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Meet your Neighbors: Nancy Nau Sullivan

Meet Nancy Nau Sullivan! Nancy is a writer living in Dune Acres. Her book, THE LAST CADILLAC: A MEMOIR, was officially published on April 26, 2016, by Amphorae Publishing Group. She will have a book signing Saturday, at 2pm, at the Westchester History Museum, Chesterton.  The book is about the years she took care of her father while raising two kids on Anna Maria Island, Florida–amidst family crises and a hurricane or two.  Formerly, Nancy was a newspaper journalist, teacher, and, most recently, Peace Corps volunteer in Mexico.

What brought you to the Dunes? My Aunt Margaret. She and Uncle Lewie built a house in Dune Acres after WWII. She always had a roast in the oven on Sundays. My mother and father would pile us in the Chevy, and we’d drive out Rt. 12 from Lansing for that roast, and for Christmases and Thanksgivings and other family gatherings. I spent my young years figuring out ways to visit Aunt Margaret, and was mostly successful, running around the beach, riding in my cousin’s boat, kissing my first guy on the lake in that boat….The trees grow and the dunes shift, but the lake rolls on and the memories stick…

How long have you lived here? Off and on for 60 years, if I count all the weeks I camped at Aunt Margaret’s — and Ruthie McKeown’s.. We had a family house on East Road in Dune Acres, until it burned down on the coldest day of 1978, and the water froze coming from the fire hoses. My mother built another on the two lots at the bottom of the Dune, and we had that, as a family, until last year. My Dad died there, my brother carried my mother into that house when she was dying of cancer,  and we planted a cherry tree that day.  I was married at the old St. Pat’s in Chesterton (that burned down, so did the marriage). We had our reception at the Dune Acres clubhouse, the floor sagging, the caterer running out of steaks because they hadn’t counted on the appetites of a dozen West Point cadets. My veil was a Spanish mantilla. I wore a yellow sash. My groom was handsome. We hung out in the Dunes all night, hiding in the blow-out, looking at the stars.  ..I’ve been to Florida, Alabama, Argentina, and Mexico to live, but now I’m back in the Dunes. I feel at home. I  live here, and I intend to stay.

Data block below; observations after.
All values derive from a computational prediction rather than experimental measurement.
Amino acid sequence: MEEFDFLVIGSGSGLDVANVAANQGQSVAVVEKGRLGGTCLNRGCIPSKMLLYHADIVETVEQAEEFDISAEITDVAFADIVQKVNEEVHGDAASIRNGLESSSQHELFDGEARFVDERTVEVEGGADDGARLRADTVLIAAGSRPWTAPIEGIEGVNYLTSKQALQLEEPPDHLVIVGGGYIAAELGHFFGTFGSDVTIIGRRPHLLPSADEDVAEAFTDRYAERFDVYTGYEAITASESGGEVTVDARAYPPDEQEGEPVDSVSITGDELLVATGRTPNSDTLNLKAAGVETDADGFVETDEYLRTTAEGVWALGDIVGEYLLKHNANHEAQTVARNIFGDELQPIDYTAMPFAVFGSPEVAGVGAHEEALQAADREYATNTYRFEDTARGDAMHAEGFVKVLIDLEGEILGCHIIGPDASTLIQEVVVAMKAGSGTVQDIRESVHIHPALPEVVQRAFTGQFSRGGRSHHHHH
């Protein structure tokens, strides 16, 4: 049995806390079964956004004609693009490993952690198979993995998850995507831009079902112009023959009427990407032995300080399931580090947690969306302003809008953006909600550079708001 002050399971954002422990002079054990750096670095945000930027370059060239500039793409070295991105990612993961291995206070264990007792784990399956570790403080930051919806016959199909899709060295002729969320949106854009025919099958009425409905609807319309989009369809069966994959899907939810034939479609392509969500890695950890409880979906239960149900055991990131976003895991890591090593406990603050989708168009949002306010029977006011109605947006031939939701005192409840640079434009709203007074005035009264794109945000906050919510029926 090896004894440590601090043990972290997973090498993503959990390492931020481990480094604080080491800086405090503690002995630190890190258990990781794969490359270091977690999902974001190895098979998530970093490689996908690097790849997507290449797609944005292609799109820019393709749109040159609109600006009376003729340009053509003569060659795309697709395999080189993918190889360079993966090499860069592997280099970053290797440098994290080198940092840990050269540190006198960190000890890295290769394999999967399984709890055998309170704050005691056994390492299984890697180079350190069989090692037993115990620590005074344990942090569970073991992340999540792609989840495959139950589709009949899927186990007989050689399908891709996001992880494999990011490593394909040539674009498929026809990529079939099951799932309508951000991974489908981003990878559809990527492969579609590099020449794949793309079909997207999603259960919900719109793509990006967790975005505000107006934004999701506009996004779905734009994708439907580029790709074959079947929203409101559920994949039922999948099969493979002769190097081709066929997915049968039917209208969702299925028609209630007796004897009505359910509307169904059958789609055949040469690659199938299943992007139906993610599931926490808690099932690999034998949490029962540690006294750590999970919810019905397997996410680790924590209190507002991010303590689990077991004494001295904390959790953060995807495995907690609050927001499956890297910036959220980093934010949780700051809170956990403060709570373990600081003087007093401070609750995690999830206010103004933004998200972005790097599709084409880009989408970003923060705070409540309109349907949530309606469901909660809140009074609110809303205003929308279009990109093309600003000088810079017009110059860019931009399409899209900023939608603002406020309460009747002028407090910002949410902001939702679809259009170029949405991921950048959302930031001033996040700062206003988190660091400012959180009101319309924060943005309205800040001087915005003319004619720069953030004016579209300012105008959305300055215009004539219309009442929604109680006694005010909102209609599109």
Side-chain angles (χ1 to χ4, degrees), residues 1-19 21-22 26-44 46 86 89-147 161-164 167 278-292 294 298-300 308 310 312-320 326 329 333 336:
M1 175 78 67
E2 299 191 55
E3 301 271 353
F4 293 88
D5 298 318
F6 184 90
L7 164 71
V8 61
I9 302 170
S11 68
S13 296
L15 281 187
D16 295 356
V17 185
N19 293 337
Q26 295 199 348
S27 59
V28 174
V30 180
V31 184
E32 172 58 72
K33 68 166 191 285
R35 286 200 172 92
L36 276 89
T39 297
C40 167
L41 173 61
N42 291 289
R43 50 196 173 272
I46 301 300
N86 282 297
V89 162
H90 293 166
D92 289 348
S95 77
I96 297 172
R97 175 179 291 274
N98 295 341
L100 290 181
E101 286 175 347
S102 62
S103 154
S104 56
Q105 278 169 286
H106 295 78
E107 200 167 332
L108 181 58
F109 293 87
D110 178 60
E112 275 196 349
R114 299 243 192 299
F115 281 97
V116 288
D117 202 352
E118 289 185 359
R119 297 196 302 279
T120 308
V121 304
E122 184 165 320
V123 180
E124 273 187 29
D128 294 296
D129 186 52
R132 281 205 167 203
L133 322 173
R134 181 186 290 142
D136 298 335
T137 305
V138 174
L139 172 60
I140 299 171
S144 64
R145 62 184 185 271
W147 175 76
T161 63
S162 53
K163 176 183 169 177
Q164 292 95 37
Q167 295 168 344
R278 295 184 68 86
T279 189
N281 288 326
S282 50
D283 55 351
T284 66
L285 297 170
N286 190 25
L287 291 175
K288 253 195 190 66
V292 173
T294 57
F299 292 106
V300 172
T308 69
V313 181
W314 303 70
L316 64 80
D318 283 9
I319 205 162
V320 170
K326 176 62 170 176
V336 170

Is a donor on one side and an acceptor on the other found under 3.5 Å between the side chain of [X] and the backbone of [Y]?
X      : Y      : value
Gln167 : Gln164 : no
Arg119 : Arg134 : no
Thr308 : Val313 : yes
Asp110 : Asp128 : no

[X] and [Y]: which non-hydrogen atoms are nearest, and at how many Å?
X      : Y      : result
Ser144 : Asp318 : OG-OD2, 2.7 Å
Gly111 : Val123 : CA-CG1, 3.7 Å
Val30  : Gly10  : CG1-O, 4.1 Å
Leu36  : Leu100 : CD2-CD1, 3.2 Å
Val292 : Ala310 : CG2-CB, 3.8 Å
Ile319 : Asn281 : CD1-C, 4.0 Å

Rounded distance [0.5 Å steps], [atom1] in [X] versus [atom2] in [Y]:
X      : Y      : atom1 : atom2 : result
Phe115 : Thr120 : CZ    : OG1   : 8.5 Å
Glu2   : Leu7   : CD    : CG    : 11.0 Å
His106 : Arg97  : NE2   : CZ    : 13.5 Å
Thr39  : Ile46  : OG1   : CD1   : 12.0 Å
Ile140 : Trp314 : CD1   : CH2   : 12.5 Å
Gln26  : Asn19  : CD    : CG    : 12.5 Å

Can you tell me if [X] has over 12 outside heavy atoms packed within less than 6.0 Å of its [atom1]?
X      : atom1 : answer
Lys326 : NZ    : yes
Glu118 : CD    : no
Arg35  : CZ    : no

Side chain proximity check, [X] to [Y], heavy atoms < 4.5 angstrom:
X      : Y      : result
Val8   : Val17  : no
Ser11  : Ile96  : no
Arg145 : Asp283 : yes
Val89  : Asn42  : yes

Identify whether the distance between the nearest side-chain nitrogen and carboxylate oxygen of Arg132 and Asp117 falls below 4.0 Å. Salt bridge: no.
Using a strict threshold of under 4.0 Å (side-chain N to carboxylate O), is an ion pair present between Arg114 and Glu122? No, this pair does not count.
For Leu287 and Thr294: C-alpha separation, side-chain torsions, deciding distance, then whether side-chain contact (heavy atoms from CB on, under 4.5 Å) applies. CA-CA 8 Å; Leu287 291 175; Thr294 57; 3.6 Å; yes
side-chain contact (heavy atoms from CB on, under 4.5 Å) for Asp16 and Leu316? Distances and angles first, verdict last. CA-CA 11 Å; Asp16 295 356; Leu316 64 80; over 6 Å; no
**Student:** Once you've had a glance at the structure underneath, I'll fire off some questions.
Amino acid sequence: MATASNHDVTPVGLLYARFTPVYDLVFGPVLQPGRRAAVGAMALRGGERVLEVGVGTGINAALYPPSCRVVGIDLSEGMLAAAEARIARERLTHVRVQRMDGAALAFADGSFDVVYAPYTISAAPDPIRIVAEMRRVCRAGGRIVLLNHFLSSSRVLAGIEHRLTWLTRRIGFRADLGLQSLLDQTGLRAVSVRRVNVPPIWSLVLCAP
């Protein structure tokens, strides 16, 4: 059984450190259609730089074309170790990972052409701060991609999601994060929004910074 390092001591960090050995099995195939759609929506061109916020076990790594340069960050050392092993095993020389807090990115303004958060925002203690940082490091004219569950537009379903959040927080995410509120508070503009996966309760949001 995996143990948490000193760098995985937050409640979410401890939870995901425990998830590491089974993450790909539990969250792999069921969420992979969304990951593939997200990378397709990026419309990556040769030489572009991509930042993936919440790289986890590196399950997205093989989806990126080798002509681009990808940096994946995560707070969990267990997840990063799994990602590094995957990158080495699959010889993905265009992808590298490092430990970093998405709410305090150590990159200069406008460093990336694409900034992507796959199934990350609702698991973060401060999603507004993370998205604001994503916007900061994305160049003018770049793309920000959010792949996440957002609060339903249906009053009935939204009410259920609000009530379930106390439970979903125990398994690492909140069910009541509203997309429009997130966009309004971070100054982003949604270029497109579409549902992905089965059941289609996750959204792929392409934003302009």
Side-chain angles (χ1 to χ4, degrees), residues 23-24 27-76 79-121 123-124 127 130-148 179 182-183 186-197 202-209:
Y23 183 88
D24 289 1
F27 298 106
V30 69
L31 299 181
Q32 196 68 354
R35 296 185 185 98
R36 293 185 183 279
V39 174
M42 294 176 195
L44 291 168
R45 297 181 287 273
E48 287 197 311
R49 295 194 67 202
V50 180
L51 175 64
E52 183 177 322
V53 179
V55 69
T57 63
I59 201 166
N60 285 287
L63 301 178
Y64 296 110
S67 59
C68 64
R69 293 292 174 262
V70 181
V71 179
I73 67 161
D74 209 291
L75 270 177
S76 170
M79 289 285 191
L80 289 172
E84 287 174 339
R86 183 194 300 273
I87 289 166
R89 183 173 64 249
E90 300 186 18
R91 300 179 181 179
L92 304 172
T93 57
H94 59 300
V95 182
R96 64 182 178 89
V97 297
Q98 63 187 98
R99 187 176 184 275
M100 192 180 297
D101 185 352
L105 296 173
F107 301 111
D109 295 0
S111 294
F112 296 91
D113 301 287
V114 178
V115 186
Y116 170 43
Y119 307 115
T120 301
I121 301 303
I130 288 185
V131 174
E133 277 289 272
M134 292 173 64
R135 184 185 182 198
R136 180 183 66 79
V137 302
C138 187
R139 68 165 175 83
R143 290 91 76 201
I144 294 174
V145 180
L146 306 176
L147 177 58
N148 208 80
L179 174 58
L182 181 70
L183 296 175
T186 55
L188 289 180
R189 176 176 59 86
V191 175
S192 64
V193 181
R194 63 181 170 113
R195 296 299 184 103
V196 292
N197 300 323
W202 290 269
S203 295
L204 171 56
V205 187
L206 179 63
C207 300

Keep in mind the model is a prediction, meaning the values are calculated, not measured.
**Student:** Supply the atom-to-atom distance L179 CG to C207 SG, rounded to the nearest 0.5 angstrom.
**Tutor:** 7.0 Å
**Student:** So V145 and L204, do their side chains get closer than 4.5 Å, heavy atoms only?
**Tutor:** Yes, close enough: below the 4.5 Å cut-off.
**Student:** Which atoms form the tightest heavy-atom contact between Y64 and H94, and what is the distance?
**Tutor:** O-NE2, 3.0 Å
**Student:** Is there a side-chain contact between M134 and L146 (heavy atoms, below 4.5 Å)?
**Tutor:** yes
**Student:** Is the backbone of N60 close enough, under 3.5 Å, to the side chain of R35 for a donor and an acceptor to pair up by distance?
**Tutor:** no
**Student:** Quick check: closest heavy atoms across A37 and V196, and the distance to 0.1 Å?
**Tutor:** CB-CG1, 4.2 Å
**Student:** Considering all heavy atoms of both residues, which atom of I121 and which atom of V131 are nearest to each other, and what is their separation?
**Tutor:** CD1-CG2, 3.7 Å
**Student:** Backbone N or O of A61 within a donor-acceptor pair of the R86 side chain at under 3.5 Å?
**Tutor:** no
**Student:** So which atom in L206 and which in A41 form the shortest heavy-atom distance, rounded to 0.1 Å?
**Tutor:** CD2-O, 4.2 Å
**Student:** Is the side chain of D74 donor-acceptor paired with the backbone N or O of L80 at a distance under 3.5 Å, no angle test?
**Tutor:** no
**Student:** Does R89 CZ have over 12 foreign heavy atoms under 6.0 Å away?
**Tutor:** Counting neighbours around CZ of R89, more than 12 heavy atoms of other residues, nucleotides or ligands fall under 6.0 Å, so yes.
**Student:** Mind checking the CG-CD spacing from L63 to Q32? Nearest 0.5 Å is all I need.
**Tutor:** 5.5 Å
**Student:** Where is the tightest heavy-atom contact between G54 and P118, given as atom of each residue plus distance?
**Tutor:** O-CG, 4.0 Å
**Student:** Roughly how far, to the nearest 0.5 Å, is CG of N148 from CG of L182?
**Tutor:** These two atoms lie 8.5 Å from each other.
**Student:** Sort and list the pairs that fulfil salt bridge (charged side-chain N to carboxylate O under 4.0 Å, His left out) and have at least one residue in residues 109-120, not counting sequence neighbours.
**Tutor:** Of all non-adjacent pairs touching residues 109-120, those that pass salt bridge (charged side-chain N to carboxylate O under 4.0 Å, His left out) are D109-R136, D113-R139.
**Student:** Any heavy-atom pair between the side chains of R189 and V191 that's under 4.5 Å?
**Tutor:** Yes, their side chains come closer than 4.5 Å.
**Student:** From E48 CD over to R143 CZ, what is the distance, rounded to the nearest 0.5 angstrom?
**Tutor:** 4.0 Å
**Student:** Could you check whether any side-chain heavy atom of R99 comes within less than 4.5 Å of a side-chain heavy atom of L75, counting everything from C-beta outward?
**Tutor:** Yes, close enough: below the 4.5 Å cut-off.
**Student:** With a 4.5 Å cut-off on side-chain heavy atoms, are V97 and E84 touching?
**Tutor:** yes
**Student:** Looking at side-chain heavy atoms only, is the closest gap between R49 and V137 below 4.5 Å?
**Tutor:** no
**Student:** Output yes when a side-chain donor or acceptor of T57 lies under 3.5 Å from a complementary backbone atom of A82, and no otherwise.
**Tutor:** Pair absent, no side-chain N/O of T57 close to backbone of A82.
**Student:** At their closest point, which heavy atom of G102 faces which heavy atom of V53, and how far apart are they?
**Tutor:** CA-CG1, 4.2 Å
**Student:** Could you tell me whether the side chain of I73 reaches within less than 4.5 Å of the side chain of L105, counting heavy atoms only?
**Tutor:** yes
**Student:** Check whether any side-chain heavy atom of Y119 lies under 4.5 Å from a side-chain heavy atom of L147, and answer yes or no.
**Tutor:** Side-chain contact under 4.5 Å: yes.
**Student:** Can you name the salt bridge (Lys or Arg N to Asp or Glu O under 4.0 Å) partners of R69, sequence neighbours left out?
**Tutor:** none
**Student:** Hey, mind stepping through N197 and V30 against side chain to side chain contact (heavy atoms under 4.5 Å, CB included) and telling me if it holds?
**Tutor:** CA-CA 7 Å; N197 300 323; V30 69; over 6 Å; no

What is your favorite thing about the area? I have to say the seasons — and I hate the cold, but who can deny the snow on pine branches, the frozen blue lake, the birds and squirrels that brave the cold, the gold of icy dune grass, the surprising warmth of the sun on a windless day. The treat of being able to walk the beach on that windless day. The changes in the Dunes with the seasons are everlasting , sigh-producing gifts. I am always amazed at the numbers of birds….They are so loud lately, the blue jays and cardinals. Tiny yellow ones and mousey grey ones that flit about and eat the biscuit crumbs. At the end of last winter, two deer came up the Dune where I live. One of them stared at me through the kitchen window, then they met up and ate some ivy and picked their way all around the house. I wanted to shout, Get out of here. Go over to my son’s where you will be safe. In town…. Now summer is coming. The infinite flowers, the drone of frogs and crickets, the bugs. Well, it’s their home, too. I can share.

Tell us a secret about the dunes. If I tell, it won’t be a secret. But, my secret is the beach, mid-afternoon, on a weekday. Almost  certainly, no one will be there, and I will own the beach, which is impossible. No one owns the beach. But I feel like maybe I do, for an hour or so. It’s about 150 steps down to the beach. After I’ve made that round trip, I feel accomplished. I’m still alive. Very much alive.

Top three hidden treasures, other than the obvious natural treasures. One would be the beautiful cemetery in Furnessville where a Gaelic cross marks the grave of a long-time beloved Dune Acres resident. Across the street, the School House Shop, a particularly enduring, and endearing, place, is fun to poke around in. My daughter- in- law found Serrano ham from her home country, Spain. I bought a silver and gold studded belt there one day a long time ago, and I still have it and even wear it.  And what else?  Who can say there are better ribs anywhere else than at Wagner’s?

What would you teach people about the Dunes? The Dunes are not hills of sand; They are moving, living things that shift and change with the years. It astounds me that people build humongous houses on them. I know the pilings secure the footings and all, but, come on, the Dunes hold their mystery. Amazing that a small child survived being buried in one, many feet into the sand, for six hours. No one, not the scientists, agronomists, arborists, geologists, none of them, have been able to figure out any of that horrific event.  I want to believe it was the benevolence, the forgiving nature of the land, the beauty of the Dunes, that allowed that one miracle.

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